There is growing discussion in many low fertility countries about the negative consequences of having fewer young persons, and the prospects, already a reality in Germany, Japan, Russia, and a few other countries with low immigration levels, of declining populations. In richer countries, retirement incomes and medical care of the elderly are largely financed by taxes on the younger working population. Low birth rates eventually lead to fewer men and women of working ages, and hence a smaller tax base to finance social security payments, unless the fewer children born have sufficiently greater amounts invested in their education and other human capital.
Although potential difficulties in financing social security benefits are receiving the most attention, other negative effects of low birth rates may be of equal or greater importance. Low fertility reduces the rate of scientific and other innovations since innovations mainly come from younger individuals. Younger individuals are also generally more adaptable, which is why new industries, like high tech startups, generally attract younger workers who are not yet committed to older and declining industries.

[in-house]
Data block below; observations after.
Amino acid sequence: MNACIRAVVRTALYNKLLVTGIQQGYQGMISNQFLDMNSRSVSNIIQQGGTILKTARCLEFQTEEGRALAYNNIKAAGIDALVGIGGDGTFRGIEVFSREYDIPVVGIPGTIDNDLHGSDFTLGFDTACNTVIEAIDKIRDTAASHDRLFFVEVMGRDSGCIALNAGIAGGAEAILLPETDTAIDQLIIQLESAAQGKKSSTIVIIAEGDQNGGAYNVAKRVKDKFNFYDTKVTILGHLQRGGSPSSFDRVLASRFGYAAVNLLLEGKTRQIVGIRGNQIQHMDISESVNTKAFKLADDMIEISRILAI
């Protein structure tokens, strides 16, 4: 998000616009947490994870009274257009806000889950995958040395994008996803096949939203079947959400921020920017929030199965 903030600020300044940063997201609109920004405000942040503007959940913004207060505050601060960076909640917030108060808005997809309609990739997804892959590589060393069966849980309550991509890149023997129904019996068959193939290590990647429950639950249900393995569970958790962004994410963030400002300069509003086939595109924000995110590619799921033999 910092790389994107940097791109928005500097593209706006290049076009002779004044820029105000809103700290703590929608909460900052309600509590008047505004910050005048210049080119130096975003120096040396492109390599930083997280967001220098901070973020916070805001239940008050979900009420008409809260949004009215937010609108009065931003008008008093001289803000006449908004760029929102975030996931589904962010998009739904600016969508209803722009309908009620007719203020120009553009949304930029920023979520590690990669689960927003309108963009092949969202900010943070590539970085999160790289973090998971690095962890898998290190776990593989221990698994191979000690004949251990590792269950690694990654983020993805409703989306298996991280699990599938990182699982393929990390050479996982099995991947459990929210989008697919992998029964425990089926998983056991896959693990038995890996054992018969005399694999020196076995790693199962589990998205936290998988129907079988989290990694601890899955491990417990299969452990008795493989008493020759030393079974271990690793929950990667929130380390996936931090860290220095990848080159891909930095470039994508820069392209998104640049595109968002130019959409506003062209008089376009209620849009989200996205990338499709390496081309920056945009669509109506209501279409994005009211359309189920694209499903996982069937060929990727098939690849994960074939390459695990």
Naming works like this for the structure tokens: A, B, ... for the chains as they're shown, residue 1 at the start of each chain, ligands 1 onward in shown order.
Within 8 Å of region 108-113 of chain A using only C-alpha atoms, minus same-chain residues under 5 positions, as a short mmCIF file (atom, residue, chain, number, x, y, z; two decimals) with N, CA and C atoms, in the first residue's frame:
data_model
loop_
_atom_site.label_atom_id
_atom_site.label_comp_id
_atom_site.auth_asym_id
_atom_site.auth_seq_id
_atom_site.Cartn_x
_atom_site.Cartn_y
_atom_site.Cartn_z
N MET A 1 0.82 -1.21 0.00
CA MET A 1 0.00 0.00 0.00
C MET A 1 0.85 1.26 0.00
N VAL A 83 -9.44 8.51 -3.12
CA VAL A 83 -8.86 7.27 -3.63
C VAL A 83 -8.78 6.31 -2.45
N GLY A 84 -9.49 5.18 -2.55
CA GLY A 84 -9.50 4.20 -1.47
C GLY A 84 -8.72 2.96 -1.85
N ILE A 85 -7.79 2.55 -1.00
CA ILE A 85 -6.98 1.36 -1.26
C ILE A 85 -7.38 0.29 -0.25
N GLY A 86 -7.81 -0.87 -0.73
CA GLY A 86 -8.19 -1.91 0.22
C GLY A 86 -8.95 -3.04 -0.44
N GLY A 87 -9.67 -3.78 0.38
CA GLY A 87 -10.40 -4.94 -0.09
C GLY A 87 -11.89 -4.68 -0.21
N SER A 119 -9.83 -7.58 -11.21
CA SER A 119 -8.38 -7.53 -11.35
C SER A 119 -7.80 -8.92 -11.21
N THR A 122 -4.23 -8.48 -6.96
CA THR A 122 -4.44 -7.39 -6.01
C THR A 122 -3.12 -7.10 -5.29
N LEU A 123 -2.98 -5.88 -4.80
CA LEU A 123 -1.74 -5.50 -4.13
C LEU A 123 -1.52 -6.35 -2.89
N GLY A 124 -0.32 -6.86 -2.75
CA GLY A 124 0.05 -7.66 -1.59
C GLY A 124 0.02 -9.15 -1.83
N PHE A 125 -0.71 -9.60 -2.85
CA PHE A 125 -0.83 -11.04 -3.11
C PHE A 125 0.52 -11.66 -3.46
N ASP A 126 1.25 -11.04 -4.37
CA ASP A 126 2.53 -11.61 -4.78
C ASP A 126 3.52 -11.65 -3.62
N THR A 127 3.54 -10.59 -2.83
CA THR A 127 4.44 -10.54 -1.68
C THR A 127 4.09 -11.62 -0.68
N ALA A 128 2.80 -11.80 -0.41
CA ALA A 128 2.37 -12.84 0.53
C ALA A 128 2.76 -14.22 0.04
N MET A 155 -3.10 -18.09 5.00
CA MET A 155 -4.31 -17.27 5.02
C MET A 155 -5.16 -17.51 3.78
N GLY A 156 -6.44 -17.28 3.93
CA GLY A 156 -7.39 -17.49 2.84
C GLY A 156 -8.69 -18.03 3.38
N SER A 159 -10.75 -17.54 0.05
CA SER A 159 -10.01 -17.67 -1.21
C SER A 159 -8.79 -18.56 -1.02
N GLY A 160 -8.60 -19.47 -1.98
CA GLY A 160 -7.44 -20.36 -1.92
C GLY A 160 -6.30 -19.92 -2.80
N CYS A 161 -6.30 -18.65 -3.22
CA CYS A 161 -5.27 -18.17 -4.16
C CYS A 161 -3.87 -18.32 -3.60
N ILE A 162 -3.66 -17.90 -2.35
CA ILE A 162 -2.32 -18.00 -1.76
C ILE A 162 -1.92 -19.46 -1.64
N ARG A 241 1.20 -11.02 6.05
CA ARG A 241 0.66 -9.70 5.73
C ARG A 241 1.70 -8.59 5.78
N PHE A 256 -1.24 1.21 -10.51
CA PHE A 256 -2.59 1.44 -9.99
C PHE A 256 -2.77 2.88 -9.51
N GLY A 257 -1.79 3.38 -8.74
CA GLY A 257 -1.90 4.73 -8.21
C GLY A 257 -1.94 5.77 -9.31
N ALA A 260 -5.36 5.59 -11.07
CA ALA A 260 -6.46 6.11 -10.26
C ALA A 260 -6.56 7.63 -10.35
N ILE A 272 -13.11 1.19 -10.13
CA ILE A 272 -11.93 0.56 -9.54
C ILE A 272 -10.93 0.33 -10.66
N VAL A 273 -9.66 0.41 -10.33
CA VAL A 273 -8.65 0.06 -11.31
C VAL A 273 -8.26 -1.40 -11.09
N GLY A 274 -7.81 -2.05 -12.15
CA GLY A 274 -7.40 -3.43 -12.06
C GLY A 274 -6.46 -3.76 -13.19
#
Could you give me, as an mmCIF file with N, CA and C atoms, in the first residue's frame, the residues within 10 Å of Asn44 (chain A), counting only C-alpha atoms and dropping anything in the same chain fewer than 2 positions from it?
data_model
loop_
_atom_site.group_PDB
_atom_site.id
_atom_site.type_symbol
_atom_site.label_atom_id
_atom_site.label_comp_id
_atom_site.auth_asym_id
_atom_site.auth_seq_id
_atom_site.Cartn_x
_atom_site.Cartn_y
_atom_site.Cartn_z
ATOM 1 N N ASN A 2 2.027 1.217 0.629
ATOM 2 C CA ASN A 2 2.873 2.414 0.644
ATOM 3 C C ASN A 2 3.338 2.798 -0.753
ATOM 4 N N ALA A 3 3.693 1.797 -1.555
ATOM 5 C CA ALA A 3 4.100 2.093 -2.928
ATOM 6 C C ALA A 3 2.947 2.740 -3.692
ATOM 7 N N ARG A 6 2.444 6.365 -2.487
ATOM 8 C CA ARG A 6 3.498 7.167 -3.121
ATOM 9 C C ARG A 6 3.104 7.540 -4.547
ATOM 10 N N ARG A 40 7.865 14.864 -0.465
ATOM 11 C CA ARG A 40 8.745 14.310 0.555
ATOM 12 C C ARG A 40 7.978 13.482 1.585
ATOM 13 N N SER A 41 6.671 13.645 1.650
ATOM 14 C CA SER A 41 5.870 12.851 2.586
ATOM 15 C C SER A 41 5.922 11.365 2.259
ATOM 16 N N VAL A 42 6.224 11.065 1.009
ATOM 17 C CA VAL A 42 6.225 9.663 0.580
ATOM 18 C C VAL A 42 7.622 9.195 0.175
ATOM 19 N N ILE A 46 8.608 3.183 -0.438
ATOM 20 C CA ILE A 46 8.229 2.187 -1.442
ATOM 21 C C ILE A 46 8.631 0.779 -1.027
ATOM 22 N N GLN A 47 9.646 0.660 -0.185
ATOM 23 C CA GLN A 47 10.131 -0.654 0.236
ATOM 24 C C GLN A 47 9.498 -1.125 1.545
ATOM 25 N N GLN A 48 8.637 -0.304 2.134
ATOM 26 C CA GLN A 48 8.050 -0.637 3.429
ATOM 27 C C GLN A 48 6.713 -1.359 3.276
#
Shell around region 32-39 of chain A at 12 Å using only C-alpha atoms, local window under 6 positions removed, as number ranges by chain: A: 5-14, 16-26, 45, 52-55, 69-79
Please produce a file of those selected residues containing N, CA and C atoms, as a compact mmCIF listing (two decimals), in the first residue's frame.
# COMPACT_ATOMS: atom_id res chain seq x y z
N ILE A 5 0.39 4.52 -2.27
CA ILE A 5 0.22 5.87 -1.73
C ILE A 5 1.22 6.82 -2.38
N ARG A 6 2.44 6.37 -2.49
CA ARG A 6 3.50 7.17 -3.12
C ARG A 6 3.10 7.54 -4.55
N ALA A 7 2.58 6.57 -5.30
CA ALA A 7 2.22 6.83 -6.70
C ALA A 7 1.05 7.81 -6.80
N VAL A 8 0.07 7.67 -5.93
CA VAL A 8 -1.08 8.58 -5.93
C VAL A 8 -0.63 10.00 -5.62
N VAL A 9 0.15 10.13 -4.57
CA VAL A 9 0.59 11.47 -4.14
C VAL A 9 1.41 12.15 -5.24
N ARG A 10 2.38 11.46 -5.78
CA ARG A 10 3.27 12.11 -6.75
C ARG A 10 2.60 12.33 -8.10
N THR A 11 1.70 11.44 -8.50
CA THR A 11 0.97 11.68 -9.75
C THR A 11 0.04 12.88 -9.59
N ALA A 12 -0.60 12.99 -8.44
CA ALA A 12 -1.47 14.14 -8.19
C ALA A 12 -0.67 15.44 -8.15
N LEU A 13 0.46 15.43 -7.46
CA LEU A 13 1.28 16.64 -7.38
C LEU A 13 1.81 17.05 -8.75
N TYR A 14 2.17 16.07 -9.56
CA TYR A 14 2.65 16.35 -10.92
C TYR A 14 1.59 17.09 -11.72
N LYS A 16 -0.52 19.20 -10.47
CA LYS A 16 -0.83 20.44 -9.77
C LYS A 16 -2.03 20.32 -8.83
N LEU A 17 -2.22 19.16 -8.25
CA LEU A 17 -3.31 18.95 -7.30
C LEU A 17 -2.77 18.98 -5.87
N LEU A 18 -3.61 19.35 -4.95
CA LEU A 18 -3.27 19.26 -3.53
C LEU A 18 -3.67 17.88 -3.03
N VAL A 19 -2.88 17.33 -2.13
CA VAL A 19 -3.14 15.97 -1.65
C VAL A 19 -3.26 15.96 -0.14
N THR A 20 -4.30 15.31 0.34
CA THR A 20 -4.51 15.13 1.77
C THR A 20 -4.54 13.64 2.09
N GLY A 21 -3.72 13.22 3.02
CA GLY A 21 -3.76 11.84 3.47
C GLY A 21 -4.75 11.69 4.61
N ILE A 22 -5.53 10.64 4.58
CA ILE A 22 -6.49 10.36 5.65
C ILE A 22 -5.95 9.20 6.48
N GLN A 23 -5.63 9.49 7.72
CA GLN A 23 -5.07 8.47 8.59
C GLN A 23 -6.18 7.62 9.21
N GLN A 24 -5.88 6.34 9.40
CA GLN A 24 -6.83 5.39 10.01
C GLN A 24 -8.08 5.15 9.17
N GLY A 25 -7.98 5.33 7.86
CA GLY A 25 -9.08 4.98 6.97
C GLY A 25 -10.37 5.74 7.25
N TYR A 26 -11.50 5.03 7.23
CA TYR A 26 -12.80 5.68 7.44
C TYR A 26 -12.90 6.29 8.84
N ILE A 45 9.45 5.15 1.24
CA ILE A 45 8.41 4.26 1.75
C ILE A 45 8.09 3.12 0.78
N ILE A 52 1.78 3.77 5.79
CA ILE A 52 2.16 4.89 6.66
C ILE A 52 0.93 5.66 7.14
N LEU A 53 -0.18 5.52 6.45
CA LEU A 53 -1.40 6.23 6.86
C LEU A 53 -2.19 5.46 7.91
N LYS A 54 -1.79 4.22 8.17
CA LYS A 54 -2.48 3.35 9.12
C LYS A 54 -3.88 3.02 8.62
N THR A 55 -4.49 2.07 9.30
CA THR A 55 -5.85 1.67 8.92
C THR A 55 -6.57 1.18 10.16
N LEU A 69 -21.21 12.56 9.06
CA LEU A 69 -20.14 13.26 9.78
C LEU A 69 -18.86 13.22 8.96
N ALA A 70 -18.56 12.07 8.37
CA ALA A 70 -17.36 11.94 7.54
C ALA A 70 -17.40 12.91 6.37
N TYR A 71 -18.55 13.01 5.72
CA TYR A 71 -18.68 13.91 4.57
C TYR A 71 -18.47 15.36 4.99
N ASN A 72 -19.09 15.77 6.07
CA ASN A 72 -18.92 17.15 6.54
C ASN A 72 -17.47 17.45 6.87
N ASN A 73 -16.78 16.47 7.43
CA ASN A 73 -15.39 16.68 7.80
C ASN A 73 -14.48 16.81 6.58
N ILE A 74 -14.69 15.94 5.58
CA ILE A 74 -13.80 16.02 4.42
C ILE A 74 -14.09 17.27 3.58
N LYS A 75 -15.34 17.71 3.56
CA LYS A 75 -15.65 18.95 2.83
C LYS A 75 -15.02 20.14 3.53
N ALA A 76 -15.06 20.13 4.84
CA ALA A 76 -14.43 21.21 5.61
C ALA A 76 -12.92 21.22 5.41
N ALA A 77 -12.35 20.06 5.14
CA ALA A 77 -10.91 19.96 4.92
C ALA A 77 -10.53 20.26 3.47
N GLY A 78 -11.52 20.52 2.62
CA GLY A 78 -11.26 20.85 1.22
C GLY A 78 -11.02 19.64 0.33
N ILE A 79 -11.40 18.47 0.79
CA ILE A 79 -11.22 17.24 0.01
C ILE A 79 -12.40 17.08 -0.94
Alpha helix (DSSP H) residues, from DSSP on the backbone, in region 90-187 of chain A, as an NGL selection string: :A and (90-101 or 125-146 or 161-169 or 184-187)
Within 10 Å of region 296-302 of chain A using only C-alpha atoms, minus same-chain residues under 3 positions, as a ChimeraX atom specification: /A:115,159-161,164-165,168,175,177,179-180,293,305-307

The great majority of countries have had growing populations during the past 250 years as world population grew at unprecedented rates. Yet ever since Malthus wrote his great work on the harmful effects of population growth on incomes, group after group have opposed high fertility and growing populations as bad for the world’s food supply, standard of living, and environment, including local and global pollution.
However, these possible negative effects of larger populations have to be weighed against the sizable benefits from more people. These benefits include a larger number of young persons who, as mentioned earlier, are more likely to innovate, such as coming up with more efficient ways to grow food, and pay for the benefits to retired men and women. A bigger population also increases the demand for new drugs, software, social networking, and other innovations that have increasing returns to the scale of demand.